Other nuggets: The Joan Bennett-Walter Wanger-Jennings Lang shooting incident is referenced early, something I had just learned about while reporting on the film The Reckless Moment. QT shares my feeling that Donald Hamilton’s excellent Matt Helm novels were unfortunately altered for Dean Martin’s portrayal of the character. Sharon Tate is described as a wonderful person, down-to-earth and frustrated with regularly having to transform herself into “sexy little me” for parties. The fictional western book Rick is reading on set with Trudy is said to have been written by Marvin Albert, an actual author of westerns and other books like Tony Rome. James Stacy is said to have “an edge. Like one day maybe he’ll go to jail kinda edge”. This would later happen to Stacy in real life.
They say “write what you know” and Quentin Tarantino has done that in spades and he’s done it in the second person or “present tense” style that I love; “Smiling as she crosses the street, she stops in front of the drawing of herself on the film’s poster”. When you come right down to it, Quentin Tarantino has done a remarkable thing with his book. With the film, he played with history and introduced his fictional characters into the story. With the novel, he amplifies this technique, taking historical facts and adding what he thinks and the impression he’s gotten from the people he’s worked with. He even goes so far as to insert himself and his step-father into the action. That particular part of the book I struggled with until it dawned on me what he was doing; I looked up his step-father’s name and, sure enough. Which brings up another thing; you might find yourself looking up a lot of the films and actors Quentin mentions. To see if they are real and also to see if you can spot where he altered details and inserted his own pieces.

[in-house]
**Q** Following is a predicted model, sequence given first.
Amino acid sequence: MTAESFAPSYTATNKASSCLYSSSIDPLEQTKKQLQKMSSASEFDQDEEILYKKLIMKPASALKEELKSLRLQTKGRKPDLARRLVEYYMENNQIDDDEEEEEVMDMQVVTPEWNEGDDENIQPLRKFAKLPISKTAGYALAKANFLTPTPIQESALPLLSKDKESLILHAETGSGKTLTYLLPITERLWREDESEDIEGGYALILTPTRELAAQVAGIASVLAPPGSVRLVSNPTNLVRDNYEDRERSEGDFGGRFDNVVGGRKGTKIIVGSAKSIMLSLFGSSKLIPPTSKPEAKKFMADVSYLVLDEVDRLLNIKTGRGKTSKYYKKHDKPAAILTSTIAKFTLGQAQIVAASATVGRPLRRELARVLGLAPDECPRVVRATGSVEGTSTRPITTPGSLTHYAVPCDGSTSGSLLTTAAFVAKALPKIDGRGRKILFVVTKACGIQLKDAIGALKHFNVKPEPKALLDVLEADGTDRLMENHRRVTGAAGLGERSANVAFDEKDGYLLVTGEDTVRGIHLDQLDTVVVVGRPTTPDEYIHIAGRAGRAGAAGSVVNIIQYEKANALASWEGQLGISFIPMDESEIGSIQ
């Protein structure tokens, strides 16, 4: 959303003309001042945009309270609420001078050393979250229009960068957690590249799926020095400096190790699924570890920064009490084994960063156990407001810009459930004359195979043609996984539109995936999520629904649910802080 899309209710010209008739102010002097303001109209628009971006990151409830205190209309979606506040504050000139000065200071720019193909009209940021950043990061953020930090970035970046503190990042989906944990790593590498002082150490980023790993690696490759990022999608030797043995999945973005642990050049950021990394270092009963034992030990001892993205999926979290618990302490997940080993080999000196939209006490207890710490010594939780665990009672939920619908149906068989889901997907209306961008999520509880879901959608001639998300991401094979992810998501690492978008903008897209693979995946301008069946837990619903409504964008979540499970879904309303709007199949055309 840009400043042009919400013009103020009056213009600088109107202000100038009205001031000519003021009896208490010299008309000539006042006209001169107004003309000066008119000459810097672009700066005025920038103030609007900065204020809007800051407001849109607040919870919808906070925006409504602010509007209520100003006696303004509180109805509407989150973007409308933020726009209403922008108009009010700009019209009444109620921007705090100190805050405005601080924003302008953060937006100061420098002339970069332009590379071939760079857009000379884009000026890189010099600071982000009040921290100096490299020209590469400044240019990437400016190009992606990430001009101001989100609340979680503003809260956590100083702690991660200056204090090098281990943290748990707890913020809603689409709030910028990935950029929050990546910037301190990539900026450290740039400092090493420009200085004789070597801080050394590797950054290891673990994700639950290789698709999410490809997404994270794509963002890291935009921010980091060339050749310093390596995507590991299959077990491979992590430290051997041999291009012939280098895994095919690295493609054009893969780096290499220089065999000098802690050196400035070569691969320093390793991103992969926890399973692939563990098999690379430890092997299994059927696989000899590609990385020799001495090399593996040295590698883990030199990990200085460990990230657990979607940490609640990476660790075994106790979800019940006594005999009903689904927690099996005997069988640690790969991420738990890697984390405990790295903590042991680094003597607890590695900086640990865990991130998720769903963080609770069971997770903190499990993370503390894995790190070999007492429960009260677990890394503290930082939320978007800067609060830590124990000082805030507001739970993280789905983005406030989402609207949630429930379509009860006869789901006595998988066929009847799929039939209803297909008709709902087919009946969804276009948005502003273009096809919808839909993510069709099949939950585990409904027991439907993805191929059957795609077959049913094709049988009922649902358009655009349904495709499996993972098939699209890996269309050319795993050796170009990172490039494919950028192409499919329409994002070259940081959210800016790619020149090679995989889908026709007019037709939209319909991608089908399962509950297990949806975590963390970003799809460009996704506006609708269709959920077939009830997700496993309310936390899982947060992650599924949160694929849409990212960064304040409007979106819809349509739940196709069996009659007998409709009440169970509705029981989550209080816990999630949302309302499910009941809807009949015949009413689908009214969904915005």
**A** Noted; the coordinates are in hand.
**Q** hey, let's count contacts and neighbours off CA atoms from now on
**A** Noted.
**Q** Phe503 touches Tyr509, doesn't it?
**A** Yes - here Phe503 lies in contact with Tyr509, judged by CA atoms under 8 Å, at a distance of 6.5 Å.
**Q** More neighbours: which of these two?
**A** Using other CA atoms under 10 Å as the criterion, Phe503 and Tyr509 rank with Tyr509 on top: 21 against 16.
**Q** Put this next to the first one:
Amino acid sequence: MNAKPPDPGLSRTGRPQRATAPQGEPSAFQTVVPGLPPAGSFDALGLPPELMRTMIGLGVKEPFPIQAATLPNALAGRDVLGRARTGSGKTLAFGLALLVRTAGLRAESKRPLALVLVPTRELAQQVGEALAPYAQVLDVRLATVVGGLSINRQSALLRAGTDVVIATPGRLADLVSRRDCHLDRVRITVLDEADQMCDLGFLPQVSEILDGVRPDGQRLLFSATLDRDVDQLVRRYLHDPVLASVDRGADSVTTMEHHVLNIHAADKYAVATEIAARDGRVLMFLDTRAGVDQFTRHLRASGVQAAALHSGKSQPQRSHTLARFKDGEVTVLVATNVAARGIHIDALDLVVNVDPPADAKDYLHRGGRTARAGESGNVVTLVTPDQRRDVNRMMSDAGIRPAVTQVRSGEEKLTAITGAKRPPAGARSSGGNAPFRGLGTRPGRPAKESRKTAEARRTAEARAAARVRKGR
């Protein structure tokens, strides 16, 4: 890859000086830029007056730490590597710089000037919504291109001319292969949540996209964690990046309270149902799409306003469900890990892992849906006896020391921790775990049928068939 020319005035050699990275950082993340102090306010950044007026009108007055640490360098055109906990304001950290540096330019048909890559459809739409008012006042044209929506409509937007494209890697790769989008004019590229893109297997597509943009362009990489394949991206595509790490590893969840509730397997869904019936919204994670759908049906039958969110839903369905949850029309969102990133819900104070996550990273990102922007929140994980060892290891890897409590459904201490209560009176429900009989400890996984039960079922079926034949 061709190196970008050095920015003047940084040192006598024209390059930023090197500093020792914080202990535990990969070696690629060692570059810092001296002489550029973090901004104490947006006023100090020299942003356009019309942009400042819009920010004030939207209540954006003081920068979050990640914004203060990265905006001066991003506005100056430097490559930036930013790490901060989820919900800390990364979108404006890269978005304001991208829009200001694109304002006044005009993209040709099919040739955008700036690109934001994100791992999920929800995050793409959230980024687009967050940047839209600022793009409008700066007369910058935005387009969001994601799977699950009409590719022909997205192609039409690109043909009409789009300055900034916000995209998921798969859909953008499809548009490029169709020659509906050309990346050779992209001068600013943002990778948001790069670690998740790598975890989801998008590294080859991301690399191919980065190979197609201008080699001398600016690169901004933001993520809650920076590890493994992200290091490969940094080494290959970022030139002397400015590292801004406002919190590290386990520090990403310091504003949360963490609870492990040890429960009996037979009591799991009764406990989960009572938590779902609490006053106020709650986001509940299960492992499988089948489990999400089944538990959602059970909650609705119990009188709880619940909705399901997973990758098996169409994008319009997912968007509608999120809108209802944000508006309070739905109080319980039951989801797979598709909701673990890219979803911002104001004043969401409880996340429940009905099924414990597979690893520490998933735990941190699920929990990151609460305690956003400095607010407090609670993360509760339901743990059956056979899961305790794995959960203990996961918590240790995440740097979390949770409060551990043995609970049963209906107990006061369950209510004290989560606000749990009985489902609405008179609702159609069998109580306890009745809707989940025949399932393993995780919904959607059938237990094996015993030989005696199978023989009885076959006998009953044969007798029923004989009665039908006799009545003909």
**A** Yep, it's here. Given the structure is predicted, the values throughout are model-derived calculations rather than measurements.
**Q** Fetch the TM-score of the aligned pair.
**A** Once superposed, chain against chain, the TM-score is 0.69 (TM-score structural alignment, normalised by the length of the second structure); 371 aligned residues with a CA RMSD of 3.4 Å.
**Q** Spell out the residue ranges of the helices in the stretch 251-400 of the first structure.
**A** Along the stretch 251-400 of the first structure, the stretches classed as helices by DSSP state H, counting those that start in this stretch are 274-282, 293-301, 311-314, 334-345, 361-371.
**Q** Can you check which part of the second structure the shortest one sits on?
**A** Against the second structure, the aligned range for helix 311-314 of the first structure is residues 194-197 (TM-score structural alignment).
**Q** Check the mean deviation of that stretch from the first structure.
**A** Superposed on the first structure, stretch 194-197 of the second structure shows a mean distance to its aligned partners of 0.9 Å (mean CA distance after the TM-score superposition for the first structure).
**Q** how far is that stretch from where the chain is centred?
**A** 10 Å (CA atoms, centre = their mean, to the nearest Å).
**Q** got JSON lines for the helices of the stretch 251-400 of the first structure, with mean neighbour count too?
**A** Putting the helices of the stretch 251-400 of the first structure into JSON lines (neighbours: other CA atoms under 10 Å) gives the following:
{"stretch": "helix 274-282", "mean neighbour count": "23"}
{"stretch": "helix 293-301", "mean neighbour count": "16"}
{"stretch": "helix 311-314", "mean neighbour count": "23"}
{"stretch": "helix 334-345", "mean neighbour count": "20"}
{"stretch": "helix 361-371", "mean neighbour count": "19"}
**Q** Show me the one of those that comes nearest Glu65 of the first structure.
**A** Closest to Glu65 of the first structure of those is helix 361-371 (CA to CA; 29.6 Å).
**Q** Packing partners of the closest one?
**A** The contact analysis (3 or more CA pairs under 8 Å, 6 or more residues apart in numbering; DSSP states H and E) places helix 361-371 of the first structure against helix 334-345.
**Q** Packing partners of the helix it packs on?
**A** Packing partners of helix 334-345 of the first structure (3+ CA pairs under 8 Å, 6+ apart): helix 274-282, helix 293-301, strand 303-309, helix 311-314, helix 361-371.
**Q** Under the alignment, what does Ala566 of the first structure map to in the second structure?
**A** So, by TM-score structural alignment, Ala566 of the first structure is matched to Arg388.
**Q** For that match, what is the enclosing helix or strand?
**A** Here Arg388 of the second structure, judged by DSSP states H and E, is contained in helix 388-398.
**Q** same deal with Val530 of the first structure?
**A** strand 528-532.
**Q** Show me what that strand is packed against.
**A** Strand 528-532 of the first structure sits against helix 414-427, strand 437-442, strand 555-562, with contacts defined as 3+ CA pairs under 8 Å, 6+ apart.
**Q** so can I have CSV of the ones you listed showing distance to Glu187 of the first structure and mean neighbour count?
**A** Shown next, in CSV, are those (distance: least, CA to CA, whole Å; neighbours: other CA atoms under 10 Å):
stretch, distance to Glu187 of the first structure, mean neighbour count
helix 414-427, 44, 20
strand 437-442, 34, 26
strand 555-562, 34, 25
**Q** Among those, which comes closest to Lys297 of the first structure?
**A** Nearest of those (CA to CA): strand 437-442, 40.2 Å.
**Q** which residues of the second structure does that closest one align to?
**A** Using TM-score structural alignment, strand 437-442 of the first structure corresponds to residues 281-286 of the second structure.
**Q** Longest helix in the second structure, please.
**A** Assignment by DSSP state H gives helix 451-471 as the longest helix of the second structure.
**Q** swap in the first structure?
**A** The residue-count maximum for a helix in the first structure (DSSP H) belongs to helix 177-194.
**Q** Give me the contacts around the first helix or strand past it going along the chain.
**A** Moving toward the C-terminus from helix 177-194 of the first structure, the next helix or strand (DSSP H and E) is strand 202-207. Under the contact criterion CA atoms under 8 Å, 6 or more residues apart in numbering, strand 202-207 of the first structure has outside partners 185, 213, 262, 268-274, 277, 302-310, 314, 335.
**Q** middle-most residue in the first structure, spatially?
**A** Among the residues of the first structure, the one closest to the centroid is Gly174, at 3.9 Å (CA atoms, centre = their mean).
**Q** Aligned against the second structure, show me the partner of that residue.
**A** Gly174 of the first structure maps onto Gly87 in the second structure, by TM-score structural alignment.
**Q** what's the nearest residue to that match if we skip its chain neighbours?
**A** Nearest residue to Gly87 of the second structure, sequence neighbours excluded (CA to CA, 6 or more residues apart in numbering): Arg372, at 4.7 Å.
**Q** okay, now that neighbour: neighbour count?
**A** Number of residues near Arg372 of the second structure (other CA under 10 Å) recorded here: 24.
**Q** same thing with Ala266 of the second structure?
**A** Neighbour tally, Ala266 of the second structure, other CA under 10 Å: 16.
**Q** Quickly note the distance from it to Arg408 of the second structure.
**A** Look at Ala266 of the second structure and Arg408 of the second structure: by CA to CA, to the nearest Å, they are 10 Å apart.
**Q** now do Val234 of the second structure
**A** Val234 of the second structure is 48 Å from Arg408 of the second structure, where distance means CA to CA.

As a companion to his Academy Award-winning film or taken simply on its own, the novel Once Upon a Time in Hollywood is a great read and a fun trip back in time. Whatever your feelings on Quentin Tarantino are, if you’re a fan of the films and television shows of the 1960’s you’ll be satisfied by this book. Going deeper, if you’re like me and are fascinated by tales of the “Hollywood” that happened just outside of the spotlight, you’ll have a blast at the shindig Quentin throws.
Once Upon a Time in Hollywood is available anywhere and it is very reasonably priced. Get two.